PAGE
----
Friday, August 26, 2011

Reliable crust on hurricane eve

Oh boy. I've always been nervous in the spotlight, so here goes nothing: a little blog about the meals that fortify me in New York City. I'm from a small town -- though the people there know it as the biggest town around -- and even though I love it here, it's easy to feel out to sea. Sometimes a homemade brownie, a well-planned brown-bag lunch, a strong, rich cup of coffee, can make all the difference on a day when nothing seems quite right.

I'm a journalist at one of the speciality publications of The Financial Times, and I'm working on my Master's degree at The New School. Between the two, I often feel that most of my writing is done to meet other people's deadlines. The pressure! My plan is to use this space to get a little loose and have a project that's just for fun. I hope that within some of my posts you will find a useful recipe or two, and maybe, if you're also juggling many things at once, you'll be reassured that there's someone else out there like you, trying to grab back a little calmness.

My first offering is a delicious and stalwart lard crust, as taught to me by my gran, Mabel. It never fails -- you can even roll it out a couple of times without it getting tough. If you haven't purchased lard before, look for it in the same grocery store aisle as eggs and milk. The most common brand I've seen is in a green and white box labeled in Spanish and English. It's enough for two rounds of this recipe, so just chop it all up at once and toss the unused half into the freezer so it's ready for a second pie.

One recipe makes two full pie crusts, so you'll have a little left over if you make a lattice top or don't need a top at all.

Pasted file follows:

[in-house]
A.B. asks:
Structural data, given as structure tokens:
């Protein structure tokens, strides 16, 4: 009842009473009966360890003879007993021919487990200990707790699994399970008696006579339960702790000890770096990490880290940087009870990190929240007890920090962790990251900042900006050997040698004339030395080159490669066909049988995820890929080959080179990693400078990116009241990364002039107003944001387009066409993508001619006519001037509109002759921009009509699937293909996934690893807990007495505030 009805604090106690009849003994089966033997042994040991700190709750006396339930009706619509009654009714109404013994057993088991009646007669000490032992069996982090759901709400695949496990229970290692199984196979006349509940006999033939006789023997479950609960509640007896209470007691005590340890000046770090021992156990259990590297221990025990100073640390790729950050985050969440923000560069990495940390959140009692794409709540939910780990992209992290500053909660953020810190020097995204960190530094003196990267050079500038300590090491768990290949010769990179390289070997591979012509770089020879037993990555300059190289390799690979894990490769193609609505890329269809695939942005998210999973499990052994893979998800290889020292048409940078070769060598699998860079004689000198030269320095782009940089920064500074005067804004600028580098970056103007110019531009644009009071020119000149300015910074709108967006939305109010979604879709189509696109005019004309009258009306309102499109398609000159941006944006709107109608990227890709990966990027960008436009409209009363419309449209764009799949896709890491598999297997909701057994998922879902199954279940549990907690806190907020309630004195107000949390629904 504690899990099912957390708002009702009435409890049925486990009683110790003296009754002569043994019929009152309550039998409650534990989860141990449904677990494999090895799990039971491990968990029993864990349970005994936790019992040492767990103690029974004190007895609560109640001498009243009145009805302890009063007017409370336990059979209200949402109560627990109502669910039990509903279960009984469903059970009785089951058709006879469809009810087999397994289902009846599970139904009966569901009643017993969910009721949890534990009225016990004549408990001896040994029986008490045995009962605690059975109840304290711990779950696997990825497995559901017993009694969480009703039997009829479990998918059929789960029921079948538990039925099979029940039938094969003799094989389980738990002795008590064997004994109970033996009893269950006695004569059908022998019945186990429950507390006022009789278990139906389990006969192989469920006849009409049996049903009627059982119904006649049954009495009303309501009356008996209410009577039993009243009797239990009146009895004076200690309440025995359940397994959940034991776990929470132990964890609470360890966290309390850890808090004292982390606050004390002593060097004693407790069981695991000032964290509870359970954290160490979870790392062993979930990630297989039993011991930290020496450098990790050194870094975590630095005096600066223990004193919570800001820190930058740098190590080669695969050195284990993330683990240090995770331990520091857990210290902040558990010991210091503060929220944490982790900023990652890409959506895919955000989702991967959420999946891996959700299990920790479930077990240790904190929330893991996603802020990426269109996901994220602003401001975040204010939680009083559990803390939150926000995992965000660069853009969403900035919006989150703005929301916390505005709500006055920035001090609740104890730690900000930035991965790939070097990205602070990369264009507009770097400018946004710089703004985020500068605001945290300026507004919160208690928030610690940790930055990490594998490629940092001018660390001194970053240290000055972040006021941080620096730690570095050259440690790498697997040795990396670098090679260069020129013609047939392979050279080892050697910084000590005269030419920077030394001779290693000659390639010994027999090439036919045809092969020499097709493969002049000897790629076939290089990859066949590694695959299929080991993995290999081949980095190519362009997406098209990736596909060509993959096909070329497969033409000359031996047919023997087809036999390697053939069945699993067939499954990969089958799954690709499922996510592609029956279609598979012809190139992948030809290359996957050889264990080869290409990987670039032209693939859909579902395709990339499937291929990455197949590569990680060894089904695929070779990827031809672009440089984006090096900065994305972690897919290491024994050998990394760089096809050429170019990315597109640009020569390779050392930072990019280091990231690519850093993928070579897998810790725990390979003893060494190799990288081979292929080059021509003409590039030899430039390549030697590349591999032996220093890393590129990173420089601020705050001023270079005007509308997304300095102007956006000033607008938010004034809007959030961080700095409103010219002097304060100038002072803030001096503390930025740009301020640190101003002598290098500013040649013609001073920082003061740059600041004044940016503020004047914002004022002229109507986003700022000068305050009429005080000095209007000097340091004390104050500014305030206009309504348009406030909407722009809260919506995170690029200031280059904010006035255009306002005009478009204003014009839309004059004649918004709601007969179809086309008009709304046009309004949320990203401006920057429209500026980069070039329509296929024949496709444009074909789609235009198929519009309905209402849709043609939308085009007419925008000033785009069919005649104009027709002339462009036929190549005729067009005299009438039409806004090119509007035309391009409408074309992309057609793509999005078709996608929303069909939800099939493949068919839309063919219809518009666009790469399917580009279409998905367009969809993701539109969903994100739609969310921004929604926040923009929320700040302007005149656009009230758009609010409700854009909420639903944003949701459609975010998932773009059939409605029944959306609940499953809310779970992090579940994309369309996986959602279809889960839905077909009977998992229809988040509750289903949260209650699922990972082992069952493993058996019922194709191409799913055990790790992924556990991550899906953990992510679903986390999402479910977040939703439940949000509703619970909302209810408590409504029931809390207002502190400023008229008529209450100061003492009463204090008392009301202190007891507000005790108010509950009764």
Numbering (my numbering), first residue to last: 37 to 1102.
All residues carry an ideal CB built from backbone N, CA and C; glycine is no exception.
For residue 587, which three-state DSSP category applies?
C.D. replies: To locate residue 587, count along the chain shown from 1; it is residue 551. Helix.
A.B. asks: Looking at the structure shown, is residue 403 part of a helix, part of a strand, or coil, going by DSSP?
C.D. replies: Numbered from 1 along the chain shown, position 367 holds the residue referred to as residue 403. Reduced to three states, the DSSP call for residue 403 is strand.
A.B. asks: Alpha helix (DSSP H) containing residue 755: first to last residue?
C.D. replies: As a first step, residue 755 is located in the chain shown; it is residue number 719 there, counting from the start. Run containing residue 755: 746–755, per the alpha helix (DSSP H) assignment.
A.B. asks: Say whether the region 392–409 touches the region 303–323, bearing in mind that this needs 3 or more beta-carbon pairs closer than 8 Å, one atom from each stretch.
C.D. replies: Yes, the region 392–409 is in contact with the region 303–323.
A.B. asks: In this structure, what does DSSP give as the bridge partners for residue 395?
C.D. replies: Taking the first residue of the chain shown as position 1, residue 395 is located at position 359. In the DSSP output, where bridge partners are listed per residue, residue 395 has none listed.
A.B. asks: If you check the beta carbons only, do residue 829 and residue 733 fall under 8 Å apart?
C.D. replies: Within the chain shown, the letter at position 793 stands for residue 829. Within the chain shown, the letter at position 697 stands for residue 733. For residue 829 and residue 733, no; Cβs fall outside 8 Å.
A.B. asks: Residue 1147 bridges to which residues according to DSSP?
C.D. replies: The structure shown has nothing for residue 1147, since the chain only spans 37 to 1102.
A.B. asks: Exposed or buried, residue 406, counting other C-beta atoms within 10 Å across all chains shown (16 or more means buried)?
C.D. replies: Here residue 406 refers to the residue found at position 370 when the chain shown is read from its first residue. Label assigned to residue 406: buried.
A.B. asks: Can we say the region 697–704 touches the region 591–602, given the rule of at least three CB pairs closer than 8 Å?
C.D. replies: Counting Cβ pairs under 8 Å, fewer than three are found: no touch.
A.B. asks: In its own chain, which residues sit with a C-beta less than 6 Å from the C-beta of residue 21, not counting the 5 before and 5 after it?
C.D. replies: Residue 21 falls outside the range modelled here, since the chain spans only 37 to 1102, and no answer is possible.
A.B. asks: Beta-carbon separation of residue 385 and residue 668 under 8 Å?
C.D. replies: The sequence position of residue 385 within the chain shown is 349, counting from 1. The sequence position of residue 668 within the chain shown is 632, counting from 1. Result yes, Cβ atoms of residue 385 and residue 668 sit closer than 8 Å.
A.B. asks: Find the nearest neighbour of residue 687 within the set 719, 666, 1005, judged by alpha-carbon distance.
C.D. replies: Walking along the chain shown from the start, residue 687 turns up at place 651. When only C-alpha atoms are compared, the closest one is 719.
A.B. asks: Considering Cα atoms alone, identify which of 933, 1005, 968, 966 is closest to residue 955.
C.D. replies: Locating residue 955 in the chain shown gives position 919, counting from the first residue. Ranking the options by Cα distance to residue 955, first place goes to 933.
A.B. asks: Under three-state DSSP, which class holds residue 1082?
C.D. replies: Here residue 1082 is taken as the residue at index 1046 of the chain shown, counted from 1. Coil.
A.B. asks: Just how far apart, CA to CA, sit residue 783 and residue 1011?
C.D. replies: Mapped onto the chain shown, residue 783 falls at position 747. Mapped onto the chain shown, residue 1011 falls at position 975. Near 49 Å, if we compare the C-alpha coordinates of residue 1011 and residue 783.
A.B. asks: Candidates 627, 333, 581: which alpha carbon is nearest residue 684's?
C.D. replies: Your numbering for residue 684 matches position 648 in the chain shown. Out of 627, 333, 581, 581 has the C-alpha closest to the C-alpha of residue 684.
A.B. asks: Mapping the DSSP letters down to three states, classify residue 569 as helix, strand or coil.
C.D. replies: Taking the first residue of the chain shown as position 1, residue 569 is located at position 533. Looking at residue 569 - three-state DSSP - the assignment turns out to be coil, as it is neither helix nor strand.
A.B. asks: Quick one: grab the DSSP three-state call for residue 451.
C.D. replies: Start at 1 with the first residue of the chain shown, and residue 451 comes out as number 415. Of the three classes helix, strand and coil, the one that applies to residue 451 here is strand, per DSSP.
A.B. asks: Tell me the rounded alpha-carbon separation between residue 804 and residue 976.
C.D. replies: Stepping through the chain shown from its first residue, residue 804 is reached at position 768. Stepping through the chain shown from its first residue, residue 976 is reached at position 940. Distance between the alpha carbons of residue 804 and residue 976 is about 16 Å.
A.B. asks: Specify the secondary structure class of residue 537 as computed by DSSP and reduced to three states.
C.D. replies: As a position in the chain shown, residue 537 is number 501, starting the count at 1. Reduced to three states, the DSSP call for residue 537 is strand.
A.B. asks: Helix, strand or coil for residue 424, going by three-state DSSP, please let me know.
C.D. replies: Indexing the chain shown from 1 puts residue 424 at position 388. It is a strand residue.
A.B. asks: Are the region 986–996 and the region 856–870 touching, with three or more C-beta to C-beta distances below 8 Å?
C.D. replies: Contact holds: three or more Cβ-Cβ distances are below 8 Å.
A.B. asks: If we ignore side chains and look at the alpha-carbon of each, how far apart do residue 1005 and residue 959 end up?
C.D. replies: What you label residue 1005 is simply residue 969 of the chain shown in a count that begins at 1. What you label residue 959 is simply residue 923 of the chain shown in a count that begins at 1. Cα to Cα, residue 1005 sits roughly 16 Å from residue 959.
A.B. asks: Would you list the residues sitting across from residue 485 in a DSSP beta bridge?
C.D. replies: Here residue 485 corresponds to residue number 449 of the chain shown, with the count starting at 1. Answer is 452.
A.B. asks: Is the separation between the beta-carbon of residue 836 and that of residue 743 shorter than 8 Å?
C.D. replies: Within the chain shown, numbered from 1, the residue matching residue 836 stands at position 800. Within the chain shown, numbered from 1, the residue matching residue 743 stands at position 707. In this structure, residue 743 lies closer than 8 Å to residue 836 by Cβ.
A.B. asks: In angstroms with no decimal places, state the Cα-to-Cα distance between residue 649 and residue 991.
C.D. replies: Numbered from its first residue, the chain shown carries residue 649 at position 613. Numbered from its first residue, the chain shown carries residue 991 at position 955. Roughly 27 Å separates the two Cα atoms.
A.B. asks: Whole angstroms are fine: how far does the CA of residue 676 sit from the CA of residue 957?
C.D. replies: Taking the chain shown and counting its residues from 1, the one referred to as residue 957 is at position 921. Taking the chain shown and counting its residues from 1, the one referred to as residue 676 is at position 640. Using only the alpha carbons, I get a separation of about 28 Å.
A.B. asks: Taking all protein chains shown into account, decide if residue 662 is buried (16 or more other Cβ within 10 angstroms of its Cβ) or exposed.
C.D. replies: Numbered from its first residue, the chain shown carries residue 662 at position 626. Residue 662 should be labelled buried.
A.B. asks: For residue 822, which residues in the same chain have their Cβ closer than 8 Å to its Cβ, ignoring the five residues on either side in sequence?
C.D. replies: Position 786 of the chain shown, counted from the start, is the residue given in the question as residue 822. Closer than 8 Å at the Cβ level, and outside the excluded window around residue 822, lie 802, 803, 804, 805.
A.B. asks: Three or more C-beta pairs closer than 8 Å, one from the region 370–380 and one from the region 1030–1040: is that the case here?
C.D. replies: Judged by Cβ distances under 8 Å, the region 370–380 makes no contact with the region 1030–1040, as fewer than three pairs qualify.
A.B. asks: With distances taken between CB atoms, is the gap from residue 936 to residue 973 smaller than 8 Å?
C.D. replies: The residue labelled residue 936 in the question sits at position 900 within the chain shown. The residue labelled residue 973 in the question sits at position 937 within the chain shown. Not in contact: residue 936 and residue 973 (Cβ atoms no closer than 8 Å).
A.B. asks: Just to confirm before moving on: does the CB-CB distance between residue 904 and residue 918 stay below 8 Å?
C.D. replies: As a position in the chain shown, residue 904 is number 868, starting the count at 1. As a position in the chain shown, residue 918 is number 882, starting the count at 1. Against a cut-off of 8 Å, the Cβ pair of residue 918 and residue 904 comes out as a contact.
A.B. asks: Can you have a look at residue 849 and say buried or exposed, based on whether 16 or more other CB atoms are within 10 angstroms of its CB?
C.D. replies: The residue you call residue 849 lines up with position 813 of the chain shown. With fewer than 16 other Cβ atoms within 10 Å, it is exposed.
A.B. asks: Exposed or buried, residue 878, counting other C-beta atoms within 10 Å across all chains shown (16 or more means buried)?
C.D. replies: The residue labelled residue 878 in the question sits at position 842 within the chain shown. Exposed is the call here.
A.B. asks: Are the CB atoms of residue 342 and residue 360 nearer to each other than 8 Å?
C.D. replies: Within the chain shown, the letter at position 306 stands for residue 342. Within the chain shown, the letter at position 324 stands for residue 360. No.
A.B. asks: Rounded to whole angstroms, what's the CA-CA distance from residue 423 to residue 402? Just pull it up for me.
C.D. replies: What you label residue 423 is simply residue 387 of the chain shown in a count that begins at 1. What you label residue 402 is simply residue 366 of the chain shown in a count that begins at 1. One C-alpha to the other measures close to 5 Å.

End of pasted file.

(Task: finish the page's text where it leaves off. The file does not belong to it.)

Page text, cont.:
Tonight, on the night before The (alleged) Big Hurricane, I filled this pie crust with tiny tart blueberries dusted with powdered ginger and sugar, but you can use it as a crust for any pie filling you like.  It's tasty with fruit pies, cream pies, and I like it with quiche, too, but that combo is rich, rich, rich, so might not be for everybody.

Reliable crust

1/2 pound lard
1/2 stick butter
3 cups flour
1 teaspoon salt
1 egg
1 teaspoon vinegar
1/4 cup cold water

1. Cut the lard and the butter into little cubes. Put them in the freezer until they are very cold and hard.

2. Mix together the flour and the salt.

3. Place the lard and butter in the flour, and using your hands, rub the fat into the flour until it looks like small clumps of wet sand. It will look like a rougher version of a store-bought pie-crust mix. Like this:

 4. Whisk the last three ingredients together in a small bowl, and combine with the floury fat, switching to a fork or a pastry dough blade when it gets too hard to incorporate with a mixing spoon. If the dough seems too sticky, add a little more flour. It rarely goes the other way for me, but when it has, I've found that adding a little milk or cream works well to bring everything back together again.

5. Divide the dough in half. Pat one half into a ball and place on a floured surface. Sprinkle a little flour on top and roll out to a thickness you like. If you find that in the process of rolling out the dough it seems too sticky or too fragile, just douse it with a little more flour, gather it up, and roll it out again. Doing so won't cause it to turn out any worse.

6. Line a pie plate with the dough and set aside. Roll out the other half of the dough and get it ready to put on top.

7. Fill the pie crust with whatever filling you'd like -- I especially love this with tart berries, because the fat and the fruit tastes so good together -- but you could use it for anything you like.

8. Pop on the lid of the crust, or make a lattice top, or leave it off altogether.

9. Place it in the oven and bake until the crust is golden, about 25 minutes. Rotate the pie, turn down the temperature to 375 degrees, and bake for another 30 minutes, or until the filling is as gooey as you like it. If it needs more time in the oven, and you're worried about the crust burning, just cover the top with some foil to protect it.

10. There! Delicious pie for you!

Here's the filling I made for this pie:

2 pint cartons of blueberries
1 cup sugar, but you could use more or less depending on how tart your berries are
About a tablespoon of powdered ginger, but you could use fresh ginger, too
A couple pinches each of cinnamon and allspice (I guess that choice was a little redundant, but it tasted good)
The juice of one lemon
3 tablespoons of potato starch
A few pats of butter

Toss everything together and slap into the pie crust. Put the pats of butter on top of the berries, and put on the crust lid.

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